Behavior is a Key Factor in Determining The Quality of Health in Onondaga County

Apr 13, 2017

Health Commissioner Indu Gupta discusses the findings of the 2017 County health ratings.
Credit Scott Willis / WAER News

Onondaga County’s health commissioner says recent rankings of the community’s overall health indicate our behaviors are more of a factor in determining health outcomes more than the availability and quality of care. While residents can make better choices, social and economic factors also come in to play. 

Commissioner Dr. Indu Gupta says the big picture is key when looking at a person’s overall health. 

"In public health we say ‘everything affects health,’ and then also ‘health affects everything.’"

She says it doesn’t necessarily come down to making that doctor’s appointment.  Rankings by the Robert Wood Johnson foundation show Onondaga County has among the best clinical care in the state.  But Gupta says that only accounts for 20 percent of a health outcome.

“Health doesn’t mean healthcare. Health means where we live, where we go to school, the way we socialize, and where we work. This all has to be considered because everything around us shapes our health. From our family structures to our neighborhoods”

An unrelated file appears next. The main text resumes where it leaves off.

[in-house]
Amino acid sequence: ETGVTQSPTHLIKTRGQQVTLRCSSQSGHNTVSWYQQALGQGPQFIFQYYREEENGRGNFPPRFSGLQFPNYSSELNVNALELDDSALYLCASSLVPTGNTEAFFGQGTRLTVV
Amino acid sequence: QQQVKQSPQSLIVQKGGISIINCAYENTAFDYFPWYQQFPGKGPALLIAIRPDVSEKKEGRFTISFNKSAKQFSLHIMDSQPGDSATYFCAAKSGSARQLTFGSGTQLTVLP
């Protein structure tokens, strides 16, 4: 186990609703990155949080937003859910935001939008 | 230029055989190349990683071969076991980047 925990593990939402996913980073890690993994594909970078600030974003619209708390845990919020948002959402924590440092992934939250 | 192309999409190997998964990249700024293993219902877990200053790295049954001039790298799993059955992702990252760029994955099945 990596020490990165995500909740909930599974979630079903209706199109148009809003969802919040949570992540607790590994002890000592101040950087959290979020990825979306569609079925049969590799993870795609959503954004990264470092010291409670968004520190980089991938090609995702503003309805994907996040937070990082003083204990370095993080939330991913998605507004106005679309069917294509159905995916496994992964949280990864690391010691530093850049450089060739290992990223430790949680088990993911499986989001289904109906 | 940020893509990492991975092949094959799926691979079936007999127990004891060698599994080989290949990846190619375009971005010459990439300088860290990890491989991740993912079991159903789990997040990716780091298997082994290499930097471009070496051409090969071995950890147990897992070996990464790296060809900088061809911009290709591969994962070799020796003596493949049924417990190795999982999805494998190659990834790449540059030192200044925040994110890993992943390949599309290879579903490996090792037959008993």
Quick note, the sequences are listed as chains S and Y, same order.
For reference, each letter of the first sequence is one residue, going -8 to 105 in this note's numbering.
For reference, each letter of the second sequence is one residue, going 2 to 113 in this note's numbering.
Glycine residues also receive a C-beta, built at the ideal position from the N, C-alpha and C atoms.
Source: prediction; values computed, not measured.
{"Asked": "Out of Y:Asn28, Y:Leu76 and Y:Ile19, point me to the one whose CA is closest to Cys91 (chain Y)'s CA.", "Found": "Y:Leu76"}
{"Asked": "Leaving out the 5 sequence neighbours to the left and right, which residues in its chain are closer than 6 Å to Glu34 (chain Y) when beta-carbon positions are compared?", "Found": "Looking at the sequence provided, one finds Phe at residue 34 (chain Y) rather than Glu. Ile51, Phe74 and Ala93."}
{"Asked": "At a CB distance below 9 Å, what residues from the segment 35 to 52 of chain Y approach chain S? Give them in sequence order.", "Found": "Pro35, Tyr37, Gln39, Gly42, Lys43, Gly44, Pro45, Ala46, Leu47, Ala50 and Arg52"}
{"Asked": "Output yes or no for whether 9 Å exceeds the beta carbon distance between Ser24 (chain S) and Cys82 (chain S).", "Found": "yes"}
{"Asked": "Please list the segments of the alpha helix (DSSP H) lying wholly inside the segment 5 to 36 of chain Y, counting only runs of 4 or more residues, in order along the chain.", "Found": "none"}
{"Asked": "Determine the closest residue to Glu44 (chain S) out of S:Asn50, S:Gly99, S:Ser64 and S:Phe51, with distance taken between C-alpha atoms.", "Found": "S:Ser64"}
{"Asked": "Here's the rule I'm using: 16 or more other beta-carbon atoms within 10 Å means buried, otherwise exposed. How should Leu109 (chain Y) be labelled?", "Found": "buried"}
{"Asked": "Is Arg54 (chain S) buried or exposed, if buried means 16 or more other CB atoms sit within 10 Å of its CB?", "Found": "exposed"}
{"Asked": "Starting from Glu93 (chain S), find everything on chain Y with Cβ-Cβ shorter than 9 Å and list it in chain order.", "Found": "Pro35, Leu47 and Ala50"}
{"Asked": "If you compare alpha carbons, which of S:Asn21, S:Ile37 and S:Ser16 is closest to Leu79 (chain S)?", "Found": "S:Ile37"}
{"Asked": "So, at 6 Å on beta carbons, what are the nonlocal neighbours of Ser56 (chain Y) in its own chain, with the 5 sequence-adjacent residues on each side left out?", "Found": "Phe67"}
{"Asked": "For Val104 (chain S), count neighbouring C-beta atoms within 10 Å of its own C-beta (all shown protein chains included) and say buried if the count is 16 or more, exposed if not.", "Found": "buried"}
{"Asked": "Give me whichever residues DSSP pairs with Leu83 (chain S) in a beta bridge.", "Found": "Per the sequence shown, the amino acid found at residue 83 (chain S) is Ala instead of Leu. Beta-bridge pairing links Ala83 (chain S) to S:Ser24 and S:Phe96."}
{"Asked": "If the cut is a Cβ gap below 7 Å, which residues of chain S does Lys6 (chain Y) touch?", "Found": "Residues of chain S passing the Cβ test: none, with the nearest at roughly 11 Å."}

As a former clinician herself, Gupta says the best care only goes so far if patients don’t do their part.

"Outside of that wonderful hospital system which we have, or the provider network we have, we don’t have enough to change people’s behavior like having good healthy food or smoking rates. All these things are so important and contributes to our health outcome ultimately."

Onondaga County has exhibited an upward trend in unintentional heroin and fentanyl related deaths since 2012.Credit Onondaga County Medical Examiner’s OfficeEdit | Remove

But what can the health department do to help change people’s behaviors?  There are any number of awareness campaigns, even free screenings and vaccinations.  Gupta says their own surveys show most are concerned about substance and alcohol abuse, and not chronic health problems. 

“Drugs are killing rapidly, so it’s getting a lot of attention. Unfortunately something like obesity and all, is slow and over decades. People get high blood pressure. They get diabetes. Things kind of stretch on. Unfortunately that doesn’t get a lot of attention.”

The county does have a higher opioid overdose death rate than the rest of the state.  As co-chair of a drug task force, Gupta hopes she and other stakeholders can arrive at a solution.